Each drug in this family is different. As a rule, doxepin and amitriptyline are more apt to make you groggy. Nortriptyline and imipramine may make you sleepy for eight to ten hours, then give you more energy thereafter. Desipramine tends to be stimulating and may at first make some people feel anxious.

Each person is completely different in the type and severity of the side effects they experience, particularly whether they wake you up or make you sleepy or both. Often, these medications make you sleepy for a few hours and then give you more energy. So if you take them in the evening, you'll sleep better and be more refreshed in the morning.

Quite a few of our patients have been on so many medications that they develop severe side effects to sugar pills (placebos)! So if you get a headache, an upset stomach, more depression, or more stress, these side effects are not caused by tricyclic antidepressants.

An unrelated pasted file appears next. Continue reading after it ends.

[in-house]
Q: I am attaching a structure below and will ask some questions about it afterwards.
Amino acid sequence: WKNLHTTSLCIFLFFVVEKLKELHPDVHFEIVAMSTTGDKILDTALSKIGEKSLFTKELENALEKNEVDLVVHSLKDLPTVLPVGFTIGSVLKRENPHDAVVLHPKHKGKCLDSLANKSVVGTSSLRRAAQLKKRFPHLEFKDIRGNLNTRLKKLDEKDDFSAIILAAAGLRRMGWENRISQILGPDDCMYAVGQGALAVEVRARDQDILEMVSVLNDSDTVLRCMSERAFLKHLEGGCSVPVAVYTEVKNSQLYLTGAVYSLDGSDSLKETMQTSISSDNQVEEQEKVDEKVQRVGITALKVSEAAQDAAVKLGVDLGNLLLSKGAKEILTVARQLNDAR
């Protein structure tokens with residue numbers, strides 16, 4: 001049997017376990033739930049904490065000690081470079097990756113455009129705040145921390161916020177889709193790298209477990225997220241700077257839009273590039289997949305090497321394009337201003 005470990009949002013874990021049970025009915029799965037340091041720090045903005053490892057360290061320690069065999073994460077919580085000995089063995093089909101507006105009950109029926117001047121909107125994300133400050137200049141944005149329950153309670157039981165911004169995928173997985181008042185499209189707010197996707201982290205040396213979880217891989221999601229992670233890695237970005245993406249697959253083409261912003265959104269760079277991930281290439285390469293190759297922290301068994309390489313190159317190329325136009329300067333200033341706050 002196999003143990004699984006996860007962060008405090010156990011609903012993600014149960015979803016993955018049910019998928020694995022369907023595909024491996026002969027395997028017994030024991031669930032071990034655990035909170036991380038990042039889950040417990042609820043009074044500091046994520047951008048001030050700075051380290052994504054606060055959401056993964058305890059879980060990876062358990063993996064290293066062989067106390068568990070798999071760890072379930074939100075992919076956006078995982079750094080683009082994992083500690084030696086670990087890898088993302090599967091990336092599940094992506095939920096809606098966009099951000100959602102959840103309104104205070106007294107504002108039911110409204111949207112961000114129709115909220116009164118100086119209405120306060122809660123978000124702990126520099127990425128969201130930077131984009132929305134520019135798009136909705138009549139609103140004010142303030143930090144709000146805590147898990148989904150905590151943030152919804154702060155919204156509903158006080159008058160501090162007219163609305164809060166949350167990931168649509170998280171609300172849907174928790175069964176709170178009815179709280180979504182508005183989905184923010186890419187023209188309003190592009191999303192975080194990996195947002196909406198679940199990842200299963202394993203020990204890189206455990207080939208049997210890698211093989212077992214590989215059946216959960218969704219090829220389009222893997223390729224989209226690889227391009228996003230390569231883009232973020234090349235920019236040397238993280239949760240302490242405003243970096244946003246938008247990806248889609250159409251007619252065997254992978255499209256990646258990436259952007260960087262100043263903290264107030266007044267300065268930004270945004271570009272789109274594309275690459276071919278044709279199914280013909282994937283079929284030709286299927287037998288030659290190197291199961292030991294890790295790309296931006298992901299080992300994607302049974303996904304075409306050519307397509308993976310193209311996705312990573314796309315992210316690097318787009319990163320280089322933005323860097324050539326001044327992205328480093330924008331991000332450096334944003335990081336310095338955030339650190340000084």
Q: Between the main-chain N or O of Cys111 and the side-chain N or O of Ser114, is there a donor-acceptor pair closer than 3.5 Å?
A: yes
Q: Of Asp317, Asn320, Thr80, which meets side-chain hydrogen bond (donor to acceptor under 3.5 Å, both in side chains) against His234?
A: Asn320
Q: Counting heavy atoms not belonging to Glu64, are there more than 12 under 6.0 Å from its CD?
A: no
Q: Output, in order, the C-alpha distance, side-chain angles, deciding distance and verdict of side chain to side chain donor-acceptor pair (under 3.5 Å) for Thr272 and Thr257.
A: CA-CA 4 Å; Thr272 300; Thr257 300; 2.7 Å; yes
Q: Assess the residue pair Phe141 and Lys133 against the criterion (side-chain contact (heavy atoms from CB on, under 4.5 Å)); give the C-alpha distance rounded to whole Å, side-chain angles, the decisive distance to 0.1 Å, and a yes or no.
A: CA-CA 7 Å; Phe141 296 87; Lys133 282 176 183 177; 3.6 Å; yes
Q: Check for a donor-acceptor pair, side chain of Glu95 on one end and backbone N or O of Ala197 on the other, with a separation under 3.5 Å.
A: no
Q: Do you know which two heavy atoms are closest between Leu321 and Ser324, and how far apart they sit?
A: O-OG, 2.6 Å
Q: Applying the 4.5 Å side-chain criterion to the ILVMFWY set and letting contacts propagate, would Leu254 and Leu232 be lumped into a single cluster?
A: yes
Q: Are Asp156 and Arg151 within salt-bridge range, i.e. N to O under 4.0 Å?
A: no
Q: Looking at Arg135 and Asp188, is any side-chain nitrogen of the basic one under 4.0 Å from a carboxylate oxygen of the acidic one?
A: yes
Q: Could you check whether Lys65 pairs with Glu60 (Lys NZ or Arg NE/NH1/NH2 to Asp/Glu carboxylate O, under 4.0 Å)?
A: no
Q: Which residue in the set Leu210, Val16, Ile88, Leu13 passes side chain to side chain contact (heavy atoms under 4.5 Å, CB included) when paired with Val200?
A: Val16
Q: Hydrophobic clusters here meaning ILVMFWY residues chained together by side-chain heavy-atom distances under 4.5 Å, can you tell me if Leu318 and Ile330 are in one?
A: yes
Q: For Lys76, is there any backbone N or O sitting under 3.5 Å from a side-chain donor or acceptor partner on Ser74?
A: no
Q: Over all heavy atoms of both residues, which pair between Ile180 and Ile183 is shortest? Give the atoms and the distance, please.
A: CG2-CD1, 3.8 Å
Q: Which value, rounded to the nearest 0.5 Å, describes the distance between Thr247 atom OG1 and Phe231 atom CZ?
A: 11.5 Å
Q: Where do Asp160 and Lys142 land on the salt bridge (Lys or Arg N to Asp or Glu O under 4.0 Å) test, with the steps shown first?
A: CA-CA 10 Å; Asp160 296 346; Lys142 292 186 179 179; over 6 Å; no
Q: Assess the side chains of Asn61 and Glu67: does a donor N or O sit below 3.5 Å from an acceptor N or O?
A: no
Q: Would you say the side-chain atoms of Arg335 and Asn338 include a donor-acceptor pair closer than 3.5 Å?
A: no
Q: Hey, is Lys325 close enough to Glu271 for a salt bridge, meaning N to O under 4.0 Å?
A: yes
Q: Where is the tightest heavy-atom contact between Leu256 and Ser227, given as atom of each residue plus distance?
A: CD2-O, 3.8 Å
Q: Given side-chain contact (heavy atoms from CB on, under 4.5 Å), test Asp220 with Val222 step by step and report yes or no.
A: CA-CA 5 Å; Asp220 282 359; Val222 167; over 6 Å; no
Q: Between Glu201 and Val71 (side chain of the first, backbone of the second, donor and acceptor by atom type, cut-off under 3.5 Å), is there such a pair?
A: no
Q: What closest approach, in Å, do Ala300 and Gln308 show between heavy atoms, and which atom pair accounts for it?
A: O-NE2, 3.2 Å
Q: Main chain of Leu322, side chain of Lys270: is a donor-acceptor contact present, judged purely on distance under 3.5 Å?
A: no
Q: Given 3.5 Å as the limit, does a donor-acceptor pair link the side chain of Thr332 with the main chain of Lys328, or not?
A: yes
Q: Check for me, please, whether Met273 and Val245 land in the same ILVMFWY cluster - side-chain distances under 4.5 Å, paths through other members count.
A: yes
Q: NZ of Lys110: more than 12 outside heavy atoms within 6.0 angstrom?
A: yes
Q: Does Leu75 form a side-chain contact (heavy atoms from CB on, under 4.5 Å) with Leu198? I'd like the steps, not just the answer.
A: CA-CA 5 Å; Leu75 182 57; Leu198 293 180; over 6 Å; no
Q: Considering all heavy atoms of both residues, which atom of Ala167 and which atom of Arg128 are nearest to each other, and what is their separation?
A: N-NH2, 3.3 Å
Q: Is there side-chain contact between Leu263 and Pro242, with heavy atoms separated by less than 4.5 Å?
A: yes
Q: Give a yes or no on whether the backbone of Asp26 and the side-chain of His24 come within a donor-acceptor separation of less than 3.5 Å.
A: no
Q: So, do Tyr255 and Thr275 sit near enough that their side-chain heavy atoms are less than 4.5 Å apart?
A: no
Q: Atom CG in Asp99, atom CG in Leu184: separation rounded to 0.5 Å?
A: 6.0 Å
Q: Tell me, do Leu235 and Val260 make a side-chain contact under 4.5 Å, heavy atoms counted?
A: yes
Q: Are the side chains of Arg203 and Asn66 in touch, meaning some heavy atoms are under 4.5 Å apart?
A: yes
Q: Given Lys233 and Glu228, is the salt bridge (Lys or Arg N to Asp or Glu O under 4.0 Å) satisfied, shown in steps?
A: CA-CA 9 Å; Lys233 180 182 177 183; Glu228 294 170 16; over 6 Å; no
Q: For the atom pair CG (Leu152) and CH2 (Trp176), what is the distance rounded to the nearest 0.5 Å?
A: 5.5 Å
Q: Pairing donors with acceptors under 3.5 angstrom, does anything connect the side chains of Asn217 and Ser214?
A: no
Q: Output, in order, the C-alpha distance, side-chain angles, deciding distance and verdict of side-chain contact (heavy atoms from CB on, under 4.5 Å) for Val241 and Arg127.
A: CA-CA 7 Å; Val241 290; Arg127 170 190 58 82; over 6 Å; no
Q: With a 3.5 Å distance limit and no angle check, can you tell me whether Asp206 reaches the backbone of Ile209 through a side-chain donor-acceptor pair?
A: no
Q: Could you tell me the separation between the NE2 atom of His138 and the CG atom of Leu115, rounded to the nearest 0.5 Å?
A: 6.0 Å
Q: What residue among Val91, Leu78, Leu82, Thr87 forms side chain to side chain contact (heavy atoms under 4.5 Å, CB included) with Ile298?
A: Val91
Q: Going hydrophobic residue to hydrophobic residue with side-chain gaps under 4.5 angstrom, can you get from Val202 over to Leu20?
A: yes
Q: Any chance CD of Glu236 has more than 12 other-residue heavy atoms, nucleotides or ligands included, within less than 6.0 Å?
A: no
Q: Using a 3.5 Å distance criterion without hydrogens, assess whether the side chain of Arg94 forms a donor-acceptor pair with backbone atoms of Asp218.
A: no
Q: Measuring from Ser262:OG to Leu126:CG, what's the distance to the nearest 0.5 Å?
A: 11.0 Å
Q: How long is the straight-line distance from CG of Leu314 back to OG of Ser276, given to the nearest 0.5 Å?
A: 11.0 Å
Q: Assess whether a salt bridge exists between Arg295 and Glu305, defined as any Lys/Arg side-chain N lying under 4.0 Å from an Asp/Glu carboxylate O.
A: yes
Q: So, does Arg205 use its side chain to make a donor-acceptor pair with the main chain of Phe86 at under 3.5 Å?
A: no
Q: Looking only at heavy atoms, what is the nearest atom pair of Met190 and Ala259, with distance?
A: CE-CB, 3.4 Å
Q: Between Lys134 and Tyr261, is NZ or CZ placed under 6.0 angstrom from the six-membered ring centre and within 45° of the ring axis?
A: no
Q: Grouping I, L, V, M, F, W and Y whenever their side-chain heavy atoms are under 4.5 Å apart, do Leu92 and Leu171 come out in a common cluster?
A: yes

Are there any serious side effects?
Certain people with serious heart rhythm problems should not take tricyclic antidepressants, since they may make the heartbeat even more irregular. (Unless you have heart disease, your risk of heart rhythm problems is extremely low.) Occasionally, elderly men with existing prostate disease may find tricyclic antidepressants make it even more difficult or impossible to empty their bladders. If you have glaucoma or epilepsy, talk with your doctor before taking tricyclics.

Like any drug, you should keep these medications out of the reach of small children.